Blue Comb

  1. chicklover16
    Bluecomb is a disease that can occur in chickens, turkeys, and quail. It is also known as pullet disease, avian monocytosis, new wheat disease, X-disease, summer disease, and mud fever. It occurs most commonly in hot summer months, usually between June and November, and affects young birds under 2 years of age.

    Avian vets have worked for years to determine the cause of bluecomb. The disease resembles an infection in the way it travels through a flock of birds. In most cases it is a disturbance of the metabolic system, although a virus is a suspected cause.

    D. E. Stover, of the California Department of Agriculture, Sacramento, CA found the virus of Newcastle disease in outbreaks of bluecomb, so several people associate bluecomb with the virus of Newcastle. This is a faulty theory, since there are several possible causes of bluecomb. Birds in early stages of the Luekosis disease often develop a bluecomb, several other things including staphylococcal and streptococcal infections and infections of the intestinal tract, can cause a blue comb. There is also a possibility that Bluecomb is caused by a mineral imbalance.

    Although there are precautions that you can take against bluecomb, you can not prevent it completely. Because it has been discovered that bluecomb is usually due to poor breeding, hatchery birds are more susceptible to bluecomb than farm birds.

    The symptoms of bluecomb will change depending on the severity of the bird’s illness. Possible symptoms could include depression, loss of appetite, blue/black comb and wattles, sour crop, and drop in egg production. A large majority of birds recover from this ailment if treated properly, however up to 80% of a flock can be killed if neglected. You can never tell if your bird’s case is fatal or not until the very end, so it is always best to treat your bird as soon as possible to prevent death.

    After an outbreak of Bluecomb, it is vital to make sure that your birds have ample supply of clean, cold water, and grain. Molasses can be helpful, as well as some form of potassium. Antibiotics, such as Aureomycin, Terramycin, Streptomycin, Duramycin, and penicillin, are highly advised for the well being of your flock.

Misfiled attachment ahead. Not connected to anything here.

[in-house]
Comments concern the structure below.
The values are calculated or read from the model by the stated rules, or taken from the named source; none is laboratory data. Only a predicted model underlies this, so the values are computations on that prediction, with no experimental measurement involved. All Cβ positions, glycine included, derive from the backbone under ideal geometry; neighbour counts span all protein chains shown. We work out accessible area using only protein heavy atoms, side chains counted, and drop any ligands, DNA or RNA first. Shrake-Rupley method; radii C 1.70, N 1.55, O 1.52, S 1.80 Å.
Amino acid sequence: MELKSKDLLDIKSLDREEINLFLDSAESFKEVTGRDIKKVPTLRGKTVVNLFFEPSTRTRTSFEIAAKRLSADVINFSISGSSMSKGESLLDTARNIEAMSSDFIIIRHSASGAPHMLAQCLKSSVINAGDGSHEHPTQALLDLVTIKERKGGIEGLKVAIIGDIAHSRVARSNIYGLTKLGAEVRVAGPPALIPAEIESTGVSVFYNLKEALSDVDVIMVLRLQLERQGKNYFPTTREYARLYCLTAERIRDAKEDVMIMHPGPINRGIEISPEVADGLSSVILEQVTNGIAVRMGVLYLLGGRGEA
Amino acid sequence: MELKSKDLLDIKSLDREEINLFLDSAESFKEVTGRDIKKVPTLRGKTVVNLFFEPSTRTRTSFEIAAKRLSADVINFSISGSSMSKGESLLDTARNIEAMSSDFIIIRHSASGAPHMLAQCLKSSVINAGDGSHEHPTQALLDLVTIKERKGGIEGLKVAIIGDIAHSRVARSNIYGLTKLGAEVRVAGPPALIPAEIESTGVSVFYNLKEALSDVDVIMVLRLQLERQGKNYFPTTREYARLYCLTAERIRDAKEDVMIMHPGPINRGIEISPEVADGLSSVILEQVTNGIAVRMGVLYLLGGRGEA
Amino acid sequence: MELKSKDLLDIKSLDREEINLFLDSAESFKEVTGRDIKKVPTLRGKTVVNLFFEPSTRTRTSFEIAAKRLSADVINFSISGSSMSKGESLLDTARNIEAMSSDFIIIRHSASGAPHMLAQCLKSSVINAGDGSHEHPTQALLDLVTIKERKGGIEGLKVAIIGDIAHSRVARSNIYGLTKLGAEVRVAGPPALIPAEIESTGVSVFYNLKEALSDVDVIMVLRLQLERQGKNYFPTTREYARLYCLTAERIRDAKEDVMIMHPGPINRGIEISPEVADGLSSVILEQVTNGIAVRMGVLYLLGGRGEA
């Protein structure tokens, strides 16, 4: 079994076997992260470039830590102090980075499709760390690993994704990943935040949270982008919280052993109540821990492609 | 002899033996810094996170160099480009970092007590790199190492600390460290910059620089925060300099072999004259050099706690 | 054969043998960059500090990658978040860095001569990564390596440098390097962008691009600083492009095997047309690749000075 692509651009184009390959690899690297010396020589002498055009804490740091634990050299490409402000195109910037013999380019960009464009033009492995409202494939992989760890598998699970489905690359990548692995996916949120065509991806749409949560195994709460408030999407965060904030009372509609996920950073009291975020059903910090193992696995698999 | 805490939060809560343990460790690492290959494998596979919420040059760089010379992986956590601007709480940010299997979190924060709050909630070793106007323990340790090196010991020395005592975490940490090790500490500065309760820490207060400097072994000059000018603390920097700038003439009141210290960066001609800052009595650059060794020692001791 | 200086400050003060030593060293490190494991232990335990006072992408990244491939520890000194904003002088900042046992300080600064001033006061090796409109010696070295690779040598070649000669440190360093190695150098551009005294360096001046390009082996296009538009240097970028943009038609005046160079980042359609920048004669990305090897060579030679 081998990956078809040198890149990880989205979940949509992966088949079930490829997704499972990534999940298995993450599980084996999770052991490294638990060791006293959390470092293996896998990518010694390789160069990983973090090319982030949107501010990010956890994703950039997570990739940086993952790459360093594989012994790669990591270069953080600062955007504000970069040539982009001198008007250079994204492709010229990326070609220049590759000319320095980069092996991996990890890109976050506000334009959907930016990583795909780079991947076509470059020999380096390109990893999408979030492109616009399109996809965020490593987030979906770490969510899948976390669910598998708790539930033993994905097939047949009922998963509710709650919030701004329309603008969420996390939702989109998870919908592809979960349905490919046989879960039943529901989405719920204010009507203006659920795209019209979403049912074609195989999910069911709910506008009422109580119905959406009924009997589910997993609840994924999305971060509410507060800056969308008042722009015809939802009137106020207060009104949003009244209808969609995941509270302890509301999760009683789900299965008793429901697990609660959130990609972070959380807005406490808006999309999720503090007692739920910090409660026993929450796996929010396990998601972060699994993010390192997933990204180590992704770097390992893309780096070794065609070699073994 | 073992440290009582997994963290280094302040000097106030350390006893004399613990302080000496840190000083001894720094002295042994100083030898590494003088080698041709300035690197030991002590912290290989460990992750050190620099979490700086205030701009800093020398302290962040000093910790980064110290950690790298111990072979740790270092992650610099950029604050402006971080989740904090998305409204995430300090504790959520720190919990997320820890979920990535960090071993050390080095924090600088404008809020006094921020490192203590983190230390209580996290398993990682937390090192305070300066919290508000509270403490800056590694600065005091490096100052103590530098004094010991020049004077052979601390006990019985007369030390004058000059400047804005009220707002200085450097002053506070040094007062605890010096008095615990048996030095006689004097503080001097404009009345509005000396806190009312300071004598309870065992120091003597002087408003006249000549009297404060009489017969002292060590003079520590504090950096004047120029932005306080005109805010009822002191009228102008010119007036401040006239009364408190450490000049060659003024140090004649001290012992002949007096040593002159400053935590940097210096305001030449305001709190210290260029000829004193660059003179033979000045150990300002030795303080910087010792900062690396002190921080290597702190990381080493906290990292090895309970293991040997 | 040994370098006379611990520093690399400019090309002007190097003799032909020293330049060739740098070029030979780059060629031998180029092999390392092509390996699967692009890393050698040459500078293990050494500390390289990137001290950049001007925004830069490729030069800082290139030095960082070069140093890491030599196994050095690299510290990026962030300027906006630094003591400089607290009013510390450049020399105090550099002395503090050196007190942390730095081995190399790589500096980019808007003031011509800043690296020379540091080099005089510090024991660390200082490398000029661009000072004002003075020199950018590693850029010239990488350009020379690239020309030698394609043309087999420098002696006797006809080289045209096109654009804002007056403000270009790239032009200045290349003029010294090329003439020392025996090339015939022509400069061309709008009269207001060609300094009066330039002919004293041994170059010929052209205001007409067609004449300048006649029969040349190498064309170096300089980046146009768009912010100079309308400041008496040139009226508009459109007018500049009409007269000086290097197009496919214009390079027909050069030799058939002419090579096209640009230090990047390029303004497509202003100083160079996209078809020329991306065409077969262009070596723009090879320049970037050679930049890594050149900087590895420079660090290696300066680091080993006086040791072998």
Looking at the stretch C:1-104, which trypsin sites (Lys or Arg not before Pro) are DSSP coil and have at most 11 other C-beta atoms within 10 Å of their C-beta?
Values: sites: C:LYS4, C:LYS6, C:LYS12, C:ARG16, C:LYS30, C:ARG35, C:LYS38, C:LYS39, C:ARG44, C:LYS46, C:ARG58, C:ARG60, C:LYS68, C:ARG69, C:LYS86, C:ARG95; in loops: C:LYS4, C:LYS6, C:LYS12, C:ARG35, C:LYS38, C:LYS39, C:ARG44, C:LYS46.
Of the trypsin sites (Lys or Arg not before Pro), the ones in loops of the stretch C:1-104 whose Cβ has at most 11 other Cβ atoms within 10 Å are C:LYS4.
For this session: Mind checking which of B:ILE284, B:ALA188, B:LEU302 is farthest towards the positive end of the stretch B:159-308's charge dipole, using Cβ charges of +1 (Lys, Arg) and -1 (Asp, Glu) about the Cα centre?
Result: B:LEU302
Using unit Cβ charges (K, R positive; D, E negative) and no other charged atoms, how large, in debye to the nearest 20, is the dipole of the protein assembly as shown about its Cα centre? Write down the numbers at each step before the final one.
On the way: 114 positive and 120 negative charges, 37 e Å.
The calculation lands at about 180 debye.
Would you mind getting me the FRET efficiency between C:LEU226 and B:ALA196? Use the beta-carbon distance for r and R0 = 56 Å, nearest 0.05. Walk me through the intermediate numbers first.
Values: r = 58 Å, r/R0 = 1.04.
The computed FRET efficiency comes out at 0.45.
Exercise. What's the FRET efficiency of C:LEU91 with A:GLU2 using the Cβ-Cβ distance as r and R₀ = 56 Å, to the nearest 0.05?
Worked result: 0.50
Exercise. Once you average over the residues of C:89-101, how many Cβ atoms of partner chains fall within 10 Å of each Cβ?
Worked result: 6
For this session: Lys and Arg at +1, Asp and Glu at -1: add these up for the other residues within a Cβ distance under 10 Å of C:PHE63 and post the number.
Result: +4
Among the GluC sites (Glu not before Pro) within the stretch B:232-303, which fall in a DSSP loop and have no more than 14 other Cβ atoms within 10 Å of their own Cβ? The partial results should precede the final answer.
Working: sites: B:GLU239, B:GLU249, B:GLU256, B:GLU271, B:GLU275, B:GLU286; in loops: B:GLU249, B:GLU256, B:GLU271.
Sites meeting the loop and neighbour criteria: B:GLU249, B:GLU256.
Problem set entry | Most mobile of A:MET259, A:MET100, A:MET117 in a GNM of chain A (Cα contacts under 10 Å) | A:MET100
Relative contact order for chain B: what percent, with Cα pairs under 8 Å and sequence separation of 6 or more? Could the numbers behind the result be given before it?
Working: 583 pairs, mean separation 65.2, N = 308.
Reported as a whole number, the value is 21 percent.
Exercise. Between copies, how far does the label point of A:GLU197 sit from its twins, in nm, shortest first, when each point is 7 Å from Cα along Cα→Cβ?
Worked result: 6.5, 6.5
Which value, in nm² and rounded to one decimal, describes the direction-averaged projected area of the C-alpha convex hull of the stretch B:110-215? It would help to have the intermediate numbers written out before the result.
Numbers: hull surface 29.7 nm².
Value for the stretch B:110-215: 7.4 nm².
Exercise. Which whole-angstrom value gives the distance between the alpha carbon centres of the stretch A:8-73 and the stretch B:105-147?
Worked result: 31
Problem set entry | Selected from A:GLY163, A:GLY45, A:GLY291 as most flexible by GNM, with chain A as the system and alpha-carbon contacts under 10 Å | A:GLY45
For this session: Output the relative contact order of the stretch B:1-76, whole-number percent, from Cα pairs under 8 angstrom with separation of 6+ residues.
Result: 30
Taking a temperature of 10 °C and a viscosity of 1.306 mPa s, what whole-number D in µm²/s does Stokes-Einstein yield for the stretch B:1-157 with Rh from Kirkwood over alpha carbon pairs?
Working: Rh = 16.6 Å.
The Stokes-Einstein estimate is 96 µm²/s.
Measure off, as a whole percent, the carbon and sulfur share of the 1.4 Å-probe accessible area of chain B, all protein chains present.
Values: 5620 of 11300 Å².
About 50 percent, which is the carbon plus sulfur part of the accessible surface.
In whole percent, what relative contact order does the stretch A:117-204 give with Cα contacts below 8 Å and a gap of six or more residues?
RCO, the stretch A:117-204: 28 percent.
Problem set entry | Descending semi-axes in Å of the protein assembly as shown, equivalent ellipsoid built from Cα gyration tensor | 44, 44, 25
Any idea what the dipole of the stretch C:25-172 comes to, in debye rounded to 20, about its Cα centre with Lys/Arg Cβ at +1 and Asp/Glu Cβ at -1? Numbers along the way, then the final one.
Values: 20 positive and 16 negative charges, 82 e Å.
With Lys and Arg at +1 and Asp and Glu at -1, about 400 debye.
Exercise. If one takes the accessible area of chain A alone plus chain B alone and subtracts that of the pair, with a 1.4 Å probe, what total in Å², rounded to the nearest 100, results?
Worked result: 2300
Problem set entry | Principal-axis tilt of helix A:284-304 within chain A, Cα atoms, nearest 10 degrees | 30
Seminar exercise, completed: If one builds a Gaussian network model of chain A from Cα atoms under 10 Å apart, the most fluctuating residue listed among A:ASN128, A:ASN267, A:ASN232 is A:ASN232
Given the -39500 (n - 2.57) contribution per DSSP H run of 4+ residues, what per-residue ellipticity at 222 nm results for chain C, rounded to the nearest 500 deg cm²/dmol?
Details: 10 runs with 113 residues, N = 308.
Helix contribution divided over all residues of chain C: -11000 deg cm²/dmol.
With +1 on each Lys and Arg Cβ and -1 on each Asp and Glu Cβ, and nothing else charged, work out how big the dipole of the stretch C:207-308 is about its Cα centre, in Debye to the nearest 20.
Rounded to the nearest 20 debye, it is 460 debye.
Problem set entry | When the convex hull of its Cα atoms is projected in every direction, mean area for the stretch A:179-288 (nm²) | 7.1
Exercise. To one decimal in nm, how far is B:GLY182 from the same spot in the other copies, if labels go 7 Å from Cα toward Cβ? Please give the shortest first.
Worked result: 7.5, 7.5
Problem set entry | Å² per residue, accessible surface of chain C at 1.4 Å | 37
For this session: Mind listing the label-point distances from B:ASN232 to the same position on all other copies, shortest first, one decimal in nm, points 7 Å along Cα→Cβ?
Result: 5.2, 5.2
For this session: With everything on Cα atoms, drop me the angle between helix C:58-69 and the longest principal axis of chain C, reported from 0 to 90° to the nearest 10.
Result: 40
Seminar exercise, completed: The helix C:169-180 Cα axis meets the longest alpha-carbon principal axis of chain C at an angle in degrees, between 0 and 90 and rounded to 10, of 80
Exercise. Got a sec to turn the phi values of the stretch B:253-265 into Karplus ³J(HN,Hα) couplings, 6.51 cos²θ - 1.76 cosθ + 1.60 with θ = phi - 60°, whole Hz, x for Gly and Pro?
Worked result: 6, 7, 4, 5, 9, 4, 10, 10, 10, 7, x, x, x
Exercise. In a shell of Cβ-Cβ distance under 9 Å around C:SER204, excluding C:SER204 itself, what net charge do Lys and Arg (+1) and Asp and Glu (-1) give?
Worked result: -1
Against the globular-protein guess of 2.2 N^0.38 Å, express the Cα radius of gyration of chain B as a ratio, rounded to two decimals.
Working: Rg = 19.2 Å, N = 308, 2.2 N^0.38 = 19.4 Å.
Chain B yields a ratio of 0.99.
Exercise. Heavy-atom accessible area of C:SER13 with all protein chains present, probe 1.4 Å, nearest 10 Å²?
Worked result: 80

Bluecomb can be fatal, but it does not have to be. If you just treat your birds properly and administer the proper antibiotics, bluecomb does not need to be any more dangerous than a head cold.

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  1. Chickinlittle1
    Blue Comb or partial can also be Fungal,or heart problem-circulation. If Antibiotics don't work or initially seems to work & then they regress then I would lead more toward Heart or Fungal. Fungus can block airways,cause regurgitation,lack of eating or only eating things that will slide well down the throat. A good site for Fungal treatments(if you can't afford the Vet) is "Poultry Pedia.com. This site also has a great reference for which Antibiotic is best. I have personal experience with this & after using MANY Antibiotics without "complete" success(only regressed back after using Baytril/LA200 AT THE SAME TIME Via a Vet's advice -worked but then regressed & also with Sulphadiamethoaxine but regressed faster) I came to the conclusion this was Fungal. I used Oregano oil /Oxine Treatment.3xs a day at 15min sessions. So FAR the two are eating better(mixing a drop into wet crumble along with 1/8tsp of PLAIN UNSWEETENED YOGURT 1x daily only on yogurt). The Blue Comb is starting to go away. They still won't eat DRY Food(except seed) but I'm only on day 3 of treatments. FYI: I tried Tylan to & if you don't have the 200 (which is expensive in my neck of the woods) the Tylan 50 is only good for 8hrs so this means 2xs on injections per day. This has its side affects along with the Sulpha. My thought as a Medical asst is that the Sulpha M. worked initially because its a sulpha-salt base which affects Fungus/molds BUT can cause stomach bleeding(I noticed poops were very black). After using 6 days & experienced regression this is when I leaned toward Fungal.

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